How come I haven’t seen this earlier? Or is it just that RobtE and myself are showing our ages here and the younger ones just don’t get it?

    Bob Menzies, Liberal (conservative) Prime Minister of Australia in the 50’s and 60’s, had the nickname ‘Ming’ and ‘Ming the Merciless’ as well.

    Besides, if you listen to the news, Menzies Campbell is always pronounced as Mingus Campbell. Or at least he was so called while I was living in London. I don’t see the mystery.

  • Julian Taylor

    I always was told that ‘Menzies’ was pronounced ‘Minnis’. In fact there are people with that surname in Scotland, in the same matter that there are people with the surname ‘Fanshawe’, despite the original spelling being ‘Featherstonehaugh’.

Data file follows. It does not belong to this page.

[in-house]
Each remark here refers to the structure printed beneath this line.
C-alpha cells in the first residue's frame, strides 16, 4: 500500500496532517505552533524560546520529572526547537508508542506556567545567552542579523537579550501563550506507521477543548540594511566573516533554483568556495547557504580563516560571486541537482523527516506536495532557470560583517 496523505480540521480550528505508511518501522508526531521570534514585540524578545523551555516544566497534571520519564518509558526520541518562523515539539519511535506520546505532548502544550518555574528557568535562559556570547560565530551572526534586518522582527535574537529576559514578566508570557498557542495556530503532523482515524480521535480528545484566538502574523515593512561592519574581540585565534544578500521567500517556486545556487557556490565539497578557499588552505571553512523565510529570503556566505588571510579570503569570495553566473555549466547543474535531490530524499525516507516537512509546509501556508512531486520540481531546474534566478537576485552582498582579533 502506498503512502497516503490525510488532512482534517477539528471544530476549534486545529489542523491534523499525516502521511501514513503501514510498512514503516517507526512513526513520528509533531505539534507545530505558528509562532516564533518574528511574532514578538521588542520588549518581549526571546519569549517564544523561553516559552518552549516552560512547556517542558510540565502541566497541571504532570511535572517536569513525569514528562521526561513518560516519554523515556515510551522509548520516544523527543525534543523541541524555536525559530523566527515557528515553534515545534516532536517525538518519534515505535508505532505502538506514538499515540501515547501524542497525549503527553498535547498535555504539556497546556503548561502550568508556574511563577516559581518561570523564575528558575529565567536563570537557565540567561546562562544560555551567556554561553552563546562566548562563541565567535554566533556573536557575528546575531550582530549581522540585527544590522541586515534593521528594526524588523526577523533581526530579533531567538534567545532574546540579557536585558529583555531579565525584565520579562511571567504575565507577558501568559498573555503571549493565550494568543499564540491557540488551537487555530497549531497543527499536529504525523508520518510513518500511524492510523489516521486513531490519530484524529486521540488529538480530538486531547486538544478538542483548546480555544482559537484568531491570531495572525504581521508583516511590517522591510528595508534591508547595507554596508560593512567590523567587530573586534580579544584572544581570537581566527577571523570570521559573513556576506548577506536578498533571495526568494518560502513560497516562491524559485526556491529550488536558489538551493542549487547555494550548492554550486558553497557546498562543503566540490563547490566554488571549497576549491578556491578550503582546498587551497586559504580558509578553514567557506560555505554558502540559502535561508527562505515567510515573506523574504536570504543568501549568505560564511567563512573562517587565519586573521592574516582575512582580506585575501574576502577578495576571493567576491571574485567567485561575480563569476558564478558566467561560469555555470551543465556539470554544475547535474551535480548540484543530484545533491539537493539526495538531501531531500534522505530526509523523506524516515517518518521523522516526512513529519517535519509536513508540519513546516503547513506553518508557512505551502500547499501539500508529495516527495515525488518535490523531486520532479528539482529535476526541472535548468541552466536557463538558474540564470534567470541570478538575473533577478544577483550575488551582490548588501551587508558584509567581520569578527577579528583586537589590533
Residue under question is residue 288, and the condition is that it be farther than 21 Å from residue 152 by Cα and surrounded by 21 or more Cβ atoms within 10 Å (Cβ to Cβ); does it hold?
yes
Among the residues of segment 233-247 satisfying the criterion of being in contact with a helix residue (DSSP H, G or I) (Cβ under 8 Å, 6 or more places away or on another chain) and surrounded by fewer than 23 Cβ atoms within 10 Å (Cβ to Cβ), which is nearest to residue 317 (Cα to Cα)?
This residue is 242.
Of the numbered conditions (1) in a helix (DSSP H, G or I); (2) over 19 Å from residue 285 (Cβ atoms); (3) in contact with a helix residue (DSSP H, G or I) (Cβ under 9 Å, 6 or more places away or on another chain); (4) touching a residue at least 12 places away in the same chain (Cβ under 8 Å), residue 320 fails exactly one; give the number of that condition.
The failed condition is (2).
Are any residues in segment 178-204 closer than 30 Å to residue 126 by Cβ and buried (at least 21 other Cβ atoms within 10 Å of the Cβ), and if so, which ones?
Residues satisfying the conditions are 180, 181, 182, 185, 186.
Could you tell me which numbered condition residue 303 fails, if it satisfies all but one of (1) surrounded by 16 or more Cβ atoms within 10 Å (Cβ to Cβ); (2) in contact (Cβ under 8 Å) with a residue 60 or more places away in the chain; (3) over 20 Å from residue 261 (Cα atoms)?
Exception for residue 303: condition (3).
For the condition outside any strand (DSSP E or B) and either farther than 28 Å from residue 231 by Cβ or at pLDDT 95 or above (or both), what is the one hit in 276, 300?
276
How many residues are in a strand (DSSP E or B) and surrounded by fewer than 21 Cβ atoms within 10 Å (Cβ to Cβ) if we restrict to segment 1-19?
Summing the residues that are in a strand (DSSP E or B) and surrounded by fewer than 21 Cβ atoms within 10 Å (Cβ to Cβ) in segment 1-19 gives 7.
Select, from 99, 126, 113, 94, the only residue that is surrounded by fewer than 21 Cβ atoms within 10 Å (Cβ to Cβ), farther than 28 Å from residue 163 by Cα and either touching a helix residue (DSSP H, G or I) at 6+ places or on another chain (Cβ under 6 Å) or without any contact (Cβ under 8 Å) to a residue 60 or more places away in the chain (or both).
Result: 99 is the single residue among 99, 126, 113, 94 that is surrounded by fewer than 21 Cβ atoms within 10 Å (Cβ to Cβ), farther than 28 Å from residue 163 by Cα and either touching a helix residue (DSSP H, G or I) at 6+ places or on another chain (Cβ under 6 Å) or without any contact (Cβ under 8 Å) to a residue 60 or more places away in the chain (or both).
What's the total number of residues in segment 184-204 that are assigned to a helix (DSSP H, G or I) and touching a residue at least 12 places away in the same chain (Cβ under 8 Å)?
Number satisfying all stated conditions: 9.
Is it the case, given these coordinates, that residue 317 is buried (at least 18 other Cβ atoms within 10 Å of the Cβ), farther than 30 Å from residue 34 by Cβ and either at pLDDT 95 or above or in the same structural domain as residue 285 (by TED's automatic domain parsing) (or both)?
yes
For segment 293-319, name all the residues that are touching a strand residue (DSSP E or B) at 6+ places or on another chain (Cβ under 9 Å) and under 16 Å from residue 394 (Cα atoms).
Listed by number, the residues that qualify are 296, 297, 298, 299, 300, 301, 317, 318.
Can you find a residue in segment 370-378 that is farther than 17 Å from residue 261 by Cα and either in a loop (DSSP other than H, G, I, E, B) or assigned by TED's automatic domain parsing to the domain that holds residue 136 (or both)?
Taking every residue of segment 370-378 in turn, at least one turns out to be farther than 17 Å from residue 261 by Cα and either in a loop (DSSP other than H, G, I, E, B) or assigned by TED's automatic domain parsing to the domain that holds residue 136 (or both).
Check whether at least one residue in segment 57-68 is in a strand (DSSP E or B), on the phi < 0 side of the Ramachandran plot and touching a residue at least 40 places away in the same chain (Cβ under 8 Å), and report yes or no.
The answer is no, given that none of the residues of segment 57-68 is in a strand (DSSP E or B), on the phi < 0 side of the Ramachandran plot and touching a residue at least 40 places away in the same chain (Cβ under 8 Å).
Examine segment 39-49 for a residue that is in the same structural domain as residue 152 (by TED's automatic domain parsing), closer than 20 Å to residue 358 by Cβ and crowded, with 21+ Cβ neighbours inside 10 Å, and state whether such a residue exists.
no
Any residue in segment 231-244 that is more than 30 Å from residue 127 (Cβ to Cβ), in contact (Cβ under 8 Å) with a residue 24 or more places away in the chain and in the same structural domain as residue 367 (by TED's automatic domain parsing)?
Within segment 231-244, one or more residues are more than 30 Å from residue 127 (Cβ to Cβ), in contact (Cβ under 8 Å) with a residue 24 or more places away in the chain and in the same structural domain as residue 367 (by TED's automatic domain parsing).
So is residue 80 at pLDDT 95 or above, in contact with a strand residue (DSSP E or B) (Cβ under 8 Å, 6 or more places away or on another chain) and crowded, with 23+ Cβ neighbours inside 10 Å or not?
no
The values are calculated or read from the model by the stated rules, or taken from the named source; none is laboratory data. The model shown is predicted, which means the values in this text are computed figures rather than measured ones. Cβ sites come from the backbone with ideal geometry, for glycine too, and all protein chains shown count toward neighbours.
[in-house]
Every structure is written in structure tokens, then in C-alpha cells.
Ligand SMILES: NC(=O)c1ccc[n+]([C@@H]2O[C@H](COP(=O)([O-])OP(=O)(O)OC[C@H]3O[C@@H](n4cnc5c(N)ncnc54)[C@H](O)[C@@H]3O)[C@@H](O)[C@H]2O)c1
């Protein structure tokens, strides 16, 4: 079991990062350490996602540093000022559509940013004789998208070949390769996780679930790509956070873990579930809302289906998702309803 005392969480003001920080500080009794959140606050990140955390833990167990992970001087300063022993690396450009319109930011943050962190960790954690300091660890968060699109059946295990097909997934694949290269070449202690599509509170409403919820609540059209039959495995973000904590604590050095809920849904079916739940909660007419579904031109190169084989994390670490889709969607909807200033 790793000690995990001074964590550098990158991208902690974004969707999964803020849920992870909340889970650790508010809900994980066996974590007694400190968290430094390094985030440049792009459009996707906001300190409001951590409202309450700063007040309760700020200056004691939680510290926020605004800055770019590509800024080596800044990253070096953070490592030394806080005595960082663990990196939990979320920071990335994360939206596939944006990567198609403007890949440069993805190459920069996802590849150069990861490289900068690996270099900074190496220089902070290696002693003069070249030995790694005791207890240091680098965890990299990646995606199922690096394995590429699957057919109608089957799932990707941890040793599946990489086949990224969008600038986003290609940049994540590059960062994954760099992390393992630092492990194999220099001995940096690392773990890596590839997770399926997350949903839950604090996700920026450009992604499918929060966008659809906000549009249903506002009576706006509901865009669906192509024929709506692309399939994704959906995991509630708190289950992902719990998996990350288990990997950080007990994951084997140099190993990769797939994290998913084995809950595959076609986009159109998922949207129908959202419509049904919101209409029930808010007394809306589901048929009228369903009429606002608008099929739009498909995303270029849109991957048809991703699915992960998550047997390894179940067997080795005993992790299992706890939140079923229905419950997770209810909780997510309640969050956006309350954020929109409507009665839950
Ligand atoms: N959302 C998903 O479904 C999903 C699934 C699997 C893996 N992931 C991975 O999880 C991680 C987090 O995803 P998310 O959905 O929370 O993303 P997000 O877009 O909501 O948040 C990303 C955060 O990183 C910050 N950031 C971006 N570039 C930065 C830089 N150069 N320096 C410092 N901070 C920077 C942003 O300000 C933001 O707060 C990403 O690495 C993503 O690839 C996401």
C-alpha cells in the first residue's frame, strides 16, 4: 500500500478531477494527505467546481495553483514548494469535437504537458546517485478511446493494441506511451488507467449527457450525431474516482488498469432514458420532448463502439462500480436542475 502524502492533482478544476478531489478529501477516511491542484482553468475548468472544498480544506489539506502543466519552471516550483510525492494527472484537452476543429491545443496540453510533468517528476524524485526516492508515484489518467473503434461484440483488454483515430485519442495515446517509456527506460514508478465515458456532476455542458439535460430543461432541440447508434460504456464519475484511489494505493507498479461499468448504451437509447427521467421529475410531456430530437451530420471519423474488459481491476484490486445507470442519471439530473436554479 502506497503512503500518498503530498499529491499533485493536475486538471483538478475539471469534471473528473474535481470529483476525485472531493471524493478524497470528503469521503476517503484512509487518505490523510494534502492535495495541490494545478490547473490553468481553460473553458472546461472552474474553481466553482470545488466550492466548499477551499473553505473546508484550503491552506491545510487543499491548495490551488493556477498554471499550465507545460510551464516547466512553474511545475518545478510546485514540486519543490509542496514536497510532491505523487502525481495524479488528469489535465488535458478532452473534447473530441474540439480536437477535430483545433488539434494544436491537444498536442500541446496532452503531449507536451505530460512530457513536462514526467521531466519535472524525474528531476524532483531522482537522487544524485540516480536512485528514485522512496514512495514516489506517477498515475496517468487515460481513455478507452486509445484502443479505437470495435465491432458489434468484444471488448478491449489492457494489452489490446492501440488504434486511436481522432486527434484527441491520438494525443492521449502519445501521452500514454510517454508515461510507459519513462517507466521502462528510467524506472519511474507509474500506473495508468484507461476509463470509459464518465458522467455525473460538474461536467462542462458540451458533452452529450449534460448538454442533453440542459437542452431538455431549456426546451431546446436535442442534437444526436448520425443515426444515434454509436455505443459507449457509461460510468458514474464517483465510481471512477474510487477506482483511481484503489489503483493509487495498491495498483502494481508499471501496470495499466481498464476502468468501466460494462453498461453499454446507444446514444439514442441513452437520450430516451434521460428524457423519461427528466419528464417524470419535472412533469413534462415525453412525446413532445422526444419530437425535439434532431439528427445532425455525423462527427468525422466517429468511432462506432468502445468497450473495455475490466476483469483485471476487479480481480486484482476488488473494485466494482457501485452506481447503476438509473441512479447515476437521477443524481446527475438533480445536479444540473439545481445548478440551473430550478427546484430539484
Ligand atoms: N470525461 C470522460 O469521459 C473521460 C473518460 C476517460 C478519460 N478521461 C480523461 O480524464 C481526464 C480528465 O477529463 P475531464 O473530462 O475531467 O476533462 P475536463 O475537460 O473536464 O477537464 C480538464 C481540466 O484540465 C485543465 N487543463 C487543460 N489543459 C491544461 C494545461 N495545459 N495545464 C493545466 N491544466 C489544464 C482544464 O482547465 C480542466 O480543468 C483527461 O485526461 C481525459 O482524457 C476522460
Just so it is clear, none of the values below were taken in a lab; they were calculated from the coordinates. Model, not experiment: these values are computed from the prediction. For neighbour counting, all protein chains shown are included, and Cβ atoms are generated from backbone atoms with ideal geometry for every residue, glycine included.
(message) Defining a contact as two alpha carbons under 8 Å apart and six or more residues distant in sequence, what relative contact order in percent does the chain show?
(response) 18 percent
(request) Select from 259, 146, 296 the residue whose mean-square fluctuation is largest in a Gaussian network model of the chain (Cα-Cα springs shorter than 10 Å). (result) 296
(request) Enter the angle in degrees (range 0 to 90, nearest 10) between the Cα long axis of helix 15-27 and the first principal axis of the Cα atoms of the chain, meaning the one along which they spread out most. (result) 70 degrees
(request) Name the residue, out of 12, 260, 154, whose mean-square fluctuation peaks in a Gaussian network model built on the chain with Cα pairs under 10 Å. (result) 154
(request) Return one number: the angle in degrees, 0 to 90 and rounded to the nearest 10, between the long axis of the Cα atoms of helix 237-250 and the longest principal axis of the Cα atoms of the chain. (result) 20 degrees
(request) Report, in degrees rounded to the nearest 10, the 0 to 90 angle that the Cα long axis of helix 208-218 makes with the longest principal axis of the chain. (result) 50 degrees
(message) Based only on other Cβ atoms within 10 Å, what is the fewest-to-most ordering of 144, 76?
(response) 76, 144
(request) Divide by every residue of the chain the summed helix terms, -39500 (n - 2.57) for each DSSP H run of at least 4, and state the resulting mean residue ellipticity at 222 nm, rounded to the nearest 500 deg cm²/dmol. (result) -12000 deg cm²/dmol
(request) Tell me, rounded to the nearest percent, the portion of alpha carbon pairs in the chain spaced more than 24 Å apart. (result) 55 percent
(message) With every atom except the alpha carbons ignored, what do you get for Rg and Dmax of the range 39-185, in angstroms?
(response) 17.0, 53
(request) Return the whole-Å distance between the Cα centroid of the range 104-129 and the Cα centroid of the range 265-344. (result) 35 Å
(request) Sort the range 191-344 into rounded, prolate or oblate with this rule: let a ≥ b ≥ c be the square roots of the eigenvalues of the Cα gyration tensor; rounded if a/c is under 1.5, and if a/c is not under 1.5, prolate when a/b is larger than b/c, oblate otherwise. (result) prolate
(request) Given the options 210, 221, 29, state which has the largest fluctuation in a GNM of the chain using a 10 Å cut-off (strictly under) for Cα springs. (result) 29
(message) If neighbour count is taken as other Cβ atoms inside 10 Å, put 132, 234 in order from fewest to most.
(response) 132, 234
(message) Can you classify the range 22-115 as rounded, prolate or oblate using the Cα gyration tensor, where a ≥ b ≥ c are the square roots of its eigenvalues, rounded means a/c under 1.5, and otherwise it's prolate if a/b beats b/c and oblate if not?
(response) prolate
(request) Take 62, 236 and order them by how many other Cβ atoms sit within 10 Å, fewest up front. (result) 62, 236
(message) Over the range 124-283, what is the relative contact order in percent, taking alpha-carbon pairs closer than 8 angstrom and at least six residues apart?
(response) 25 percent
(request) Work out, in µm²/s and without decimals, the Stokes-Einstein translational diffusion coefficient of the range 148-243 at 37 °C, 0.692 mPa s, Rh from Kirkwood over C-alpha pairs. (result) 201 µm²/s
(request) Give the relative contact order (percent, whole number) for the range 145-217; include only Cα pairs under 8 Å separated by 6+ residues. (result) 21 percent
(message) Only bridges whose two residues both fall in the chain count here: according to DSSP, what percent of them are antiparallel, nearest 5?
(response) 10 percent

• If it is Ming vs Gordon, then David is “Prince Carr’ron”,
    NeuLabour MPs are clearly the Clay People and Kennedy is “Dr Smirnoff”.

    I’ll get me cloak…

  • Just for general information. The ‘z’ is Menzies isn’t actually a zed (zee for our American compatriots), it is an ancient Scottish letter called “yogh” which is pronounced as a soft ‘g’.

  • Johnathan Pearce

    Russell, nuts to you!

  • RobtE

    If it is Ming vs Gordon, then David is “Prince Carr’ron”, NeuLabour MPs are clearly the Clay People and Kennedy is “Dr Smirnoff”.

    Alternatively, if Cameron takes the Conservatives close enough to New Labor, the merest slip of the finger can easily transform ‘Dave’ into ‘Dale’.

    Hmm. I wonder how far we can run with this…

  • Chris Harper

    the merest slip of the finger can easily transform ‘Dave’ into ‘Dale’

    Maybe your finger matey, definately not mine.

    Besides, a scalpel would be more appropriate, don’t you think?

    Although, using a blunt fingernail might cause a very satisfactory level of pain.